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Dialysis withdrawal: end of life and advanced care plans
  1. Joanna Prentice1,2,
  2. Lucy Hetherington3,
  3. Mark Findlay3 and
  4. Tara Collidge3
  1. 1 Renal, Queen Elizabeth University Hospital Campus, Glasgow, UK
  2. 2 Institute of Cancer Studies, University of Glasgow, Glasgow, UK
  3. 3 The Glasgow Renal and Transplant Unit, Queen Elizabeth University Hospital Campus, Glasgow, UK
  1. Correspondence to Dr Joanna Prentice, Renal, Queen Elizabeth University Hospital Campus, Glasgow G51 4TF, UK; joanna.prentice1{at}

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Withdrawal of dialysis was the second most common cause of death recorded for renal replacement therapy (RRT) in Scotland in 2017; 23% of all deaths.1 In those ≥75 years, this rises to 28%; withdrawal and cardiovascular disease the equal primary causes.1 With an ageing population and more older patients on RRT, considerations around dialysis withdrawal are of increasing importance.1

There is a mean survival of 7.4 (range, 0–40) days once dialysis is withdrawn.2 Successful advanced care planning (ACP) improves end-of-life care (EOLC), the likelihood of dying in their preferred place of death (PPOD) and reduces psychological impact on the surviving carers.3 The degree to which ACP is initiated in this population is unknown which prompted this work.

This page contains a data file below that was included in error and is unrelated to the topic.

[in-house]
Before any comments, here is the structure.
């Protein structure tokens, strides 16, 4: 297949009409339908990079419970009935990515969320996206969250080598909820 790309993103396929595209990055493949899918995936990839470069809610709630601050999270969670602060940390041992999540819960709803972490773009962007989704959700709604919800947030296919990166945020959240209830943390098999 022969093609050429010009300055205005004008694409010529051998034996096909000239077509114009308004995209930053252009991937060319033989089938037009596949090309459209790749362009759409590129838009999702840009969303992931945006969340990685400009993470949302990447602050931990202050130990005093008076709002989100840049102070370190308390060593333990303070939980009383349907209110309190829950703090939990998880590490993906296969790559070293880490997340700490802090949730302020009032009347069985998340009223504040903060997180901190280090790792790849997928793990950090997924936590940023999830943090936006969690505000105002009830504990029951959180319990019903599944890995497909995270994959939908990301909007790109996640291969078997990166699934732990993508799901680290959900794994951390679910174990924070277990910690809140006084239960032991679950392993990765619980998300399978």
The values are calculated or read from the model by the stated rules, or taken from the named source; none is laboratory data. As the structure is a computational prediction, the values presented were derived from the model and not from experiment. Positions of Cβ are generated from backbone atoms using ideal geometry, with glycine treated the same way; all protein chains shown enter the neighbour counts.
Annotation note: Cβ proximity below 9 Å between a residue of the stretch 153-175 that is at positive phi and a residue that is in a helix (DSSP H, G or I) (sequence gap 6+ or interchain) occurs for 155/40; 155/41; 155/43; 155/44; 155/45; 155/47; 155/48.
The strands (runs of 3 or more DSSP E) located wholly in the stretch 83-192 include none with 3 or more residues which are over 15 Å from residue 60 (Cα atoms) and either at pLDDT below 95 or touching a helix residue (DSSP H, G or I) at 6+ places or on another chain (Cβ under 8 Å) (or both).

We did a retrospective analysis of adults receiving dialysis for end-stage renal disease. They were identified by the electronic patient record (EPR) (Strathclyde Electronic Renal Patient Record (SERPR), Vitalpulse, UK) in combination with the Greater Glasgow and Clyde electronic records (GGCER). Using SERPR, we identified deaths after dialysis withdrawal over 19 months (2015–2017). All data were anonymised. …

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  • Contributors JP and TC conceived the idea. JP, LH and TC collected data. LH and JP literature review. MF provided review of paper and all data analysis.

  • Funding The authors have not declared a specific grant for this research from any funding agency in the public, commercial or not-for-profit sectors.

  • Competing interests None declared.

  • Patient consent for publication Not required.

  • Provenance and peer review Not commissioned; internally peer reviewed.